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Daniel Saldana Exonerated: California Man Wrongly Sentenced to 33 Years in Prison for Attempted Murder

A California man was released on Thursday after newly uncovered evidence showed he was not at the scene of a 1989 shooting that led to his conviction on six counts of attempted murder and a stay in prison which lasted 33 years.

Daniel Saldana was sentenced to 45 years in prison after being one of three men convicted of shooting at a car containing six high school students who were mistaken for gang members in Baldwin Park, California on October 27 1989, according to the Los Angeles County District Attorney’s Office. Two of the students were injured and all survived.

But the conviction of Saldana, who had always denied his involvement, was reviewed by prosecutors in late February, after the district attorney’s office said it received a copy of a 2017 parole hearing detailing how the man “was not involved in the shooting”. in any way and was not present. The end of the investigation led Los Angeles County District Attorney George Gascón (D) to announce that “Saldana was innocent of the crimes for which he was convicted and for which he spent more than 33 years in prison. “.

“As prosecutors, our duty is not simply to obtain convictions but to seek justice,” Gascón said in a press release. “When a person is wrongfully convicted, it is a failure of our justice system and it is our responsibility to right that wrong. We owe it to the person who was wrongfully convicted and to the public that justice be served. »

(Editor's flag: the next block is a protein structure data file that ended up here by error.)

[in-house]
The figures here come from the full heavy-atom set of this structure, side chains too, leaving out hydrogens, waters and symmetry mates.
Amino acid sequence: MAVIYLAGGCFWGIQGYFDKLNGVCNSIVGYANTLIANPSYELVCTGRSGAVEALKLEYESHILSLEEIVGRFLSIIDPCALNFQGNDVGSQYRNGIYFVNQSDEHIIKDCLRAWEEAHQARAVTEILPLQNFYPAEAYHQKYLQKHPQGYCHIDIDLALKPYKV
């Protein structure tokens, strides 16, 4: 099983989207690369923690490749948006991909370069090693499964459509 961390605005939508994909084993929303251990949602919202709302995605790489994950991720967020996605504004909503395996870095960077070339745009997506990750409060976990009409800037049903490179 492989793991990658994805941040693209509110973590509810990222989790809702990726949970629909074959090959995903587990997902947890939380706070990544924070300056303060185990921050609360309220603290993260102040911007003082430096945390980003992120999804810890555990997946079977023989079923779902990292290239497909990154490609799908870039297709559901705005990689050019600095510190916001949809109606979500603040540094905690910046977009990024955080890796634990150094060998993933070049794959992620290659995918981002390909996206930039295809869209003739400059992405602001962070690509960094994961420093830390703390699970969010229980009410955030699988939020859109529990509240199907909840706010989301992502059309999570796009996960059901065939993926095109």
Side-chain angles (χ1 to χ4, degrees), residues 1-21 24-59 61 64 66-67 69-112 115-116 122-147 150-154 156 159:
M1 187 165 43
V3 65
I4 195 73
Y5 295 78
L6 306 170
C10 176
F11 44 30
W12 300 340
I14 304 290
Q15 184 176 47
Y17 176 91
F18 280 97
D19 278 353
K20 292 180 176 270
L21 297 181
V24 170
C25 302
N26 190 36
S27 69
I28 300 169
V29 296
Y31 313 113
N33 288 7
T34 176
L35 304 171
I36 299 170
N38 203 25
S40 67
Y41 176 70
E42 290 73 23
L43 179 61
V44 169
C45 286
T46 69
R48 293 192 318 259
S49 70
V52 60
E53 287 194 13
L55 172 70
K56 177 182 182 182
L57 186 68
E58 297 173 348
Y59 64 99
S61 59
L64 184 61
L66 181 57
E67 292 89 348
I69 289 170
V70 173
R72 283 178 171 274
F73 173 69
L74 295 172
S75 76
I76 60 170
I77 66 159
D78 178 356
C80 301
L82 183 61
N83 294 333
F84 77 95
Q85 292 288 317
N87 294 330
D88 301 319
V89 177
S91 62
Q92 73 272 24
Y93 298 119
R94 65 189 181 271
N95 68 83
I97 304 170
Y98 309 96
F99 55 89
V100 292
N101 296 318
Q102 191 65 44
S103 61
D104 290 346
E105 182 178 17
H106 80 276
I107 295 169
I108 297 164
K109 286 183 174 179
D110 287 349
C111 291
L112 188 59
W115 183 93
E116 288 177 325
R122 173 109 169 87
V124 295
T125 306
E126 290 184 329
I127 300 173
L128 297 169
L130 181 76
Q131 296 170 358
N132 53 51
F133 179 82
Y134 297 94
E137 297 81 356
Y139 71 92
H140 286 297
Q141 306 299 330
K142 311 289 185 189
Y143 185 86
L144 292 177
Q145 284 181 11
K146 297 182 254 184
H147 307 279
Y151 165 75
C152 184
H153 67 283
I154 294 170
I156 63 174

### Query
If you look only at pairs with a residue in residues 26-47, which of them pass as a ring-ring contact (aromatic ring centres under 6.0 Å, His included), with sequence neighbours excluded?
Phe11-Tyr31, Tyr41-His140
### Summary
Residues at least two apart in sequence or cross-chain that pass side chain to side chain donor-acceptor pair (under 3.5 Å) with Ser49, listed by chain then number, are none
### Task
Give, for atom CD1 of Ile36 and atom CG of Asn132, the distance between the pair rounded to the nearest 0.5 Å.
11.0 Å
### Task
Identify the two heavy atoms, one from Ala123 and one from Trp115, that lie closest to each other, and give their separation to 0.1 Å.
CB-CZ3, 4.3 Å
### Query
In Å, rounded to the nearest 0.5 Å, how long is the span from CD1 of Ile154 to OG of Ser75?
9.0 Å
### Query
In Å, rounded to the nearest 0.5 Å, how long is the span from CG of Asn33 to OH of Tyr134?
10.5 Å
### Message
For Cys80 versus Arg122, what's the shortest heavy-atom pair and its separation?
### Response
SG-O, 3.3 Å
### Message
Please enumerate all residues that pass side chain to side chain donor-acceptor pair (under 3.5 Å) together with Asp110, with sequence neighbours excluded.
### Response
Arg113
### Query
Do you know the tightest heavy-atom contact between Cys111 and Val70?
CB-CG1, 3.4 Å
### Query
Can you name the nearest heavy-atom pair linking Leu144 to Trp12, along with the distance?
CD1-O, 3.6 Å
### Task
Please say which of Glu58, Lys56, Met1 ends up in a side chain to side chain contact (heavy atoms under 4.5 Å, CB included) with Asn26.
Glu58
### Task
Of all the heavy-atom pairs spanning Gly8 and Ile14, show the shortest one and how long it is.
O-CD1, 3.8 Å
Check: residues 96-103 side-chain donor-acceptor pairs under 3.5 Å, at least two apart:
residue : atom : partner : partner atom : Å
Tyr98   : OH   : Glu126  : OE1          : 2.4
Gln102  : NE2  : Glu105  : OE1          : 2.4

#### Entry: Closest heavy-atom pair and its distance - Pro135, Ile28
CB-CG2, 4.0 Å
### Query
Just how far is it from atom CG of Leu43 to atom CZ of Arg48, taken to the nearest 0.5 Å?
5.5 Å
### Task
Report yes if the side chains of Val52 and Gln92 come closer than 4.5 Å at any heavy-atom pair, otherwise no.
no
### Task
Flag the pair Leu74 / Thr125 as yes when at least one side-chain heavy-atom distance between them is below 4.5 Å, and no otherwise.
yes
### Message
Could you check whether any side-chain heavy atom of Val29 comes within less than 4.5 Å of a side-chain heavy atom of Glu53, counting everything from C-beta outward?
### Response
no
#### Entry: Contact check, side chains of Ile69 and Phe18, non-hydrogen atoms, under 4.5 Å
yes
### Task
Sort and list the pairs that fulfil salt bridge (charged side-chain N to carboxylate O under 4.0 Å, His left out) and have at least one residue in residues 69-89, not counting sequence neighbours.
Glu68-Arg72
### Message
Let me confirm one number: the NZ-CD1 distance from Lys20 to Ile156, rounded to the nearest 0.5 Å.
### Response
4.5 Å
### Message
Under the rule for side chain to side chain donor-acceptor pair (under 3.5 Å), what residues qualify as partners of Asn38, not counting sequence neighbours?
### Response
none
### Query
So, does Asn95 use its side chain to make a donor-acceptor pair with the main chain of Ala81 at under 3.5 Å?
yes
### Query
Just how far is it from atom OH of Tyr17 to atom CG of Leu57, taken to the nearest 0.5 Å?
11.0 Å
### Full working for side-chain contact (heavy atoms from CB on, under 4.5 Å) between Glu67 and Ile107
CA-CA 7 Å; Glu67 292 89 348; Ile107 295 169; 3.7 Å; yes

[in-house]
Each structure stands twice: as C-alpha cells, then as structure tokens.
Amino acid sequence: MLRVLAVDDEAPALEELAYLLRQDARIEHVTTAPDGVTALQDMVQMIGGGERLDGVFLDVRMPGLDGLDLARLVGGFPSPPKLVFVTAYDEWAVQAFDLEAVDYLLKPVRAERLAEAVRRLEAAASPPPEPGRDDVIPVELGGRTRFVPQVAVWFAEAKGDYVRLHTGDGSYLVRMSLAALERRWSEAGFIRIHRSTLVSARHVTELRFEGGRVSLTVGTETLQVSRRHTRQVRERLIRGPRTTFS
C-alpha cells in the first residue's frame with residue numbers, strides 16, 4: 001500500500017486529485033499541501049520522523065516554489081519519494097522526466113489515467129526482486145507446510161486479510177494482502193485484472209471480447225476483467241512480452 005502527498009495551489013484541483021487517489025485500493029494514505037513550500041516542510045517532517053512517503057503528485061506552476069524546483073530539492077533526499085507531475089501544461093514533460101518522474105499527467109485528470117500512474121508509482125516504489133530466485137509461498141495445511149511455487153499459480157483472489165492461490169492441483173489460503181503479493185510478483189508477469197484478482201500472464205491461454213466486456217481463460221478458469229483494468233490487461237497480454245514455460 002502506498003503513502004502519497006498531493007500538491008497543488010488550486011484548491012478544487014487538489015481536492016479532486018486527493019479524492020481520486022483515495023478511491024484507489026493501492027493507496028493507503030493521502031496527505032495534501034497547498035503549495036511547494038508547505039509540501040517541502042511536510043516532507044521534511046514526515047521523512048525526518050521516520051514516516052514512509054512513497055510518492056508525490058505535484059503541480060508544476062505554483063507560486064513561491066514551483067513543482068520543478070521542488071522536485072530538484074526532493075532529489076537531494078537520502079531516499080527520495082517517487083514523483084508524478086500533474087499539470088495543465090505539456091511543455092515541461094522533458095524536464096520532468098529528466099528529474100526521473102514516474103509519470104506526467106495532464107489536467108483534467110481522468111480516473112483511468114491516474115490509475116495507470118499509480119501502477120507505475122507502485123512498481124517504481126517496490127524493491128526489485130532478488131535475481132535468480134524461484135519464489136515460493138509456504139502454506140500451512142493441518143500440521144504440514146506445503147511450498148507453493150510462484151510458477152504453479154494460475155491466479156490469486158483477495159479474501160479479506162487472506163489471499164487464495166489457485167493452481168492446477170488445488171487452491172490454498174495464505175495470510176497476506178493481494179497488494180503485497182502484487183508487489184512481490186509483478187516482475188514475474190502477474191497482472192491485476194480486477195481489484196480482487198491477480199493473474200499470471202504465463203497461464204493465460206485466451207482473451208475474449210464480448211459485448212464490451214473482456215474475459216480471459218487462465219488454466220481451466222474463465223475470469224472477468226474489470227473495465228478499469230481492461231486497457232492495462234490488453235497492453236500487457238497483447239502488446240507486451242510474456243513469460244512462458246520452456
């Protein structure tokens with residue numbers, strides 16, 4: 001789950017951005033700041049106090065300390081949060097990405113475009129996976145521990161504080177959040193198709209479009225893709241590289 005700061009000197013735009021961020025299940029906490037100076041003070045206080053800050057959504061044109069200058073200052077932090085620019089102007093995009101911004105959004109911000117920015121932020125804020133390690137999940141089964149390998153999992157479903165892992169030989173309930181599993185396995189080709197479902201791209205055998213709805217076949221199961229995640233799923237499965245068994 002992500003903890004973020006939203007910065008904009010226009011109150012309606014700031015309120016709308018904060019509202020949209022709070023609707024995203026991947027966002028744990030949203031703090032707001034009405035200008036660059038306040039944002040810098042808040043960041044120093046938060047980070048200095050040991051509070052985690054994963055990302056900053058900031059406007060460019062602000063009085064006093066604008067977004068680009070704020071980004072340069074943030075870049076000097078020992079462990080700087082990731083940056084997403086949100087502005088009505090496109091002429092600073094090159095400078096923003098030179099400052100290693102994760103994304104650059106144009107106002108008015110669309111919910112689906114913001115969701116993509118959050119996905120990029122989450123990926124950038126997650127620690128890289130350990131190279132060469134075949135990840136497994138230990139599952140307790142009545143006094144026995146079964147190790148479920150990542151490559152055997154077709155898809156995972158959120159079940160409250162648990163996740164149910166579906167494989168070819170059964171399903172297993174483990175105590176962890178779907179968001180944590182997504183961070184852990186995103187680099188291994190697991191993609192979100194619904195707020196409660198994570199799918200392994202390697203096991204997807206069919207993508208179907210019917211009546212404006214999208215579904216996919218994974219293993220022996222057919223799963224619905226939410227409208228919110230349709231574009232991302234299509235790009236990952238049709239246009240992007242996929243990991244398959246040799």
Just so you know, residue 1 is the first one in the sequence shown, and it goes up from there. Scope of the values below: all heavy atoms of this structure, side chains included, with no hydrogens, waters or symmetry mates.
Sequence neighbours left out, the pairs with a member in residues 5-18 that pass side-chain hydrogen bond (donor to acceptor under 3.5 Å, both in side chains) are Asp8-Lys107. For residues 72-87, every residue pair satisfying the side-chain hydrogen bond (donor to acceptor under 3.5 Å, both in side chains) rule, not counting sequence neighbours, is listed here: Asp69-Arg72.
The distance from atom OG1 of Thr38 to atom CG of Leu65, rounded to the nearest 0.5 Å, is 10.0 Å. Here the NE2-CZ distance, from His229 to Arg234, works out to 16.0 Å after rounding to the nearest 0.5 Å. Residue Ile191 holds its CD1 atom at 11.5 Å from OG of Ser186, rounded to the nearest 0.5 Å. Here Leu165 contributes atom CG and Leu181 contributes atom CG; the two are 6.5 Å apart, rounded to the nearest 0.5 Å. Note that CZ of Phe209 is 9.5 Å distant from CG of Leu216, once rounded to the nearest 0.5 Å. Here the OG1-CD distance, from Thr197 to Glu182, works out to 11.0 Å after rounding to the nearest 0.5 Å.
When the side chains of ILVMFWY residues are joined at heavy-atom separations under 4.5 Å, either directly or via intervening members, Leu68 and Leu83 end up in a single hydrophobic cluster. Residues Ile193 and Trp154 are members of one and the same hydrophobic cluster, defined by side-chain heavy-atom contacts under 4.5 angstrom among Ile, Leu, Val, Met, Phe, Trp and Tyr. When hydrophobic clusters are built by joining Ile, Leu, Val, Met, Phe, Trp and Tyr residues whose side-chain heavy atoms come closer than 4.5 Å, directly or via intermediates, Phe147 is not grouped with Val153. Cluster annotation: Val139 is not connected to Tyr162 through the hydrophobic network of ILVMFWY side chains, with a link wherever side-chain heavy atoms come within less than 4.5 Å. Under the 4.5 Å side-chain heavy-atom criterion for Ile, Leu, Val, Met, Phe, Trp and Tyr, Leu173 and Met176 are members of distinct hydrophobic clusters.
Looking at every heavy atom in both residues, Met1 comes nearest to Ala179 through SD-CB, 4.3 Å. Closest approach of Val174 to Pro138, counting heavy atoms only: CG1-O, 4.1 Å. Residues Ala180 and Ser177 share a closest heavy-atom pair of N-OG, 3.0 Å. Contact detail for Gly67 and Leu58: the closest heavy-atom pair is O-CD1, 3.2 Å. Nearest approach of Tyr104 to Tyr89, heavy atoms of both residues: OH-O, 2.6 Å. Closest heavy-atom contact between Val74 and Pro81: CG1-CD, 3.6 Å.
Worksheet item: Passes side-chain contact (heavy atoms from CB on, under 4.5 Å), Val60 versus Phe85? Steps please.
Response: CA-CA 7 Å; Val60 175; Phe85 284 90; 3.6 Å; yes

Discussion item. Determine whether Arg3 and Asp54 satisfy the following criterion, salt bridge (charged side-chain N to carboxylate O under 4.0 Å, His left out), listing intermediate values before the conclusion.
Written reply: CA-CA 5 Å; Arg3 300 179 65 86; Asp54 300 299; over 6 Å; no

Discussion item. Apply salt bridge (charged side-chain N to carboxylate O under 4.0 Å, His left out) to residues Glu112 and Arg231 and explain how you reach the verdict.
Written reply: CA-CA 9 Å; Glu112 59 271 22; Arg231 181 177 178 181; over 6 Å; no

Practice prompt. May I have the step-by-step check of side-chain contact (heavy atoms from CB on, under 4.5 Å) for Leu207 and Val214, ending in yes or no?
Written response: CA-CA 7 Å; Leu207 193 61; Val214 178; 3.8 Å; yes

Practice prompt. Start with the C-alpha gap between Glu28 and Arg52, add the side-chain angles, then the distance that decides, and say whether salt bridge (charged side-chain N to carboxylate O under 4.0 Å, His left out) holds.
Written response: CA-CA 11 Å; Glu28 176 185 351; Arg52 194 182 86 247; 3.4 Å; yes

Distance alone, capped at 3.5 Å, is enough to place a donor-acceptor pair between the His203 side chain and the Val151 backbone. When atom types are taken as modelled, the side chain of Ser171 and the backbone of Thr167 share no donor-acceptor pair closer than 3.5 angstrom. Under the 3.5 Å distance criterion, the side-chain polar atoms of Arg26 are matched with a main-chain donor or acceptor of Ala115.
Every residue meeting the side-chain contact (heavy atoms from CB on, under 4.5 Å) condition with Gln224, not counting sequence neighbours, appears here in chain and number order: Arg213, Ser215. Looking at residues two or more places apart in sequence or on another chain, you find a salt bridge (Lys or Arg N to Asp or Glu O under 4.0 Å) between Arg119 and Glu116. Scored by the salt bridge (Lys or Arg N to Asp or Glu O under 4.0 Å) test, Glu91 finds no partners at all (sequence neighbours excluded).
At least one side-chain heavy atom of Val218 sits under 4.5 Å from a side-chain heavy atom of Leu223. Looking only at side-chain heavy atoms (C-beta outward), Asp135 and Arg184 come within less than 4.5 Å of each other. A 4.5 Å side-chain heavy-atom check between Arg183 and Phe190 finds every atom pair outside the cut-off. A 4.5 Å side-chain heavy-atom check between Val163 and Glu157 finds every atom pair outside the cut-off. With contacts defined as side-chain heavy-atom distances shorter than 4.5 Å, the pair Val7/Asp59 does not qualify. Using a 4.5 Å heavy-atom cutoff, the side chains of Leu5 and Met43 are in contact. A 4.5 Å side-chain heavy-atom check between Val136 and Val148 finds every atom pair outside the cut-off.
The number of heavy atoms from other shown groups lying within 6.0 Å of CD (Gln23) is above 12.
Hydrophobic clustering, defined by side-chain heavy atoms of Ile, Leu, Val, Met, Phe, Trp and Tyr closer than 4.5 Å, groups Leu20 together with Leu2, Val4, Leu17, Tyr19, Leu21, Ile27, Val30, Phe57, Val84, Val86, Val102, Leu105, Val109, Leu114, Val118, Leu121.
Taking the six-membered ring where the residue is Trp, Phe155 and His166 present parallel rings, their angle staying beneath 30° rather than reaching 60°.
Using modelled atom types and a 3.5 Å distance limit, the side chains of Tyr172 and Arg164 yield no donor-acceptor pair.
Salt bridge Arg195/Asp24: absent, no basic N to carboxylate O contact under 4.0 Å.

Saldana’s attorney, Mike Romano, did not immediately respond to a request for comment Friday morning. Saldana told reporters Thursday at the Hall of Justice in downtown Los Angeles that he “never gave up hope” that he would be exonerated.

“It’s a struggle, every day waking up knowing you’re innocent and I’m locked in a cell, crying out for help,” Saldana told a news conference. “I’m so happy this day has come.”

Saldana’s exoneration is the latest recent case in which someone has been exonerated after decades in prison. A National Exemption Registry database shows that the 17 longest wrongful convictions in US history have occurred in the past decade. Among them is Anthony Mazza, who spent more than 47 years in prison for murder and robbery before being exonerated in 2021, according to the database of the University of California at Irvine, the University of Michigan and the Michigan State University.

Kevin Strickland exonerated after 43 years in one of the longest wrongful conviction cases in US history

A 2020 study by the National Exoneration Registry found that more than half of wrongful criminal convictions are caused by government misconduct. In a study that reviewed 2,400 exonerations between 1989 and 2019, nearly 80% of those cases involved violent crimes. The study also found that police and prosecutors were rarely disciplined for actions that led to a wrongful conviction.

More than half of all wrongful criminal convictions are caused by government misconduct, study finds

At the time of the Baldwin Park shooting, Saldana was 22 and working full-time as a construction worker.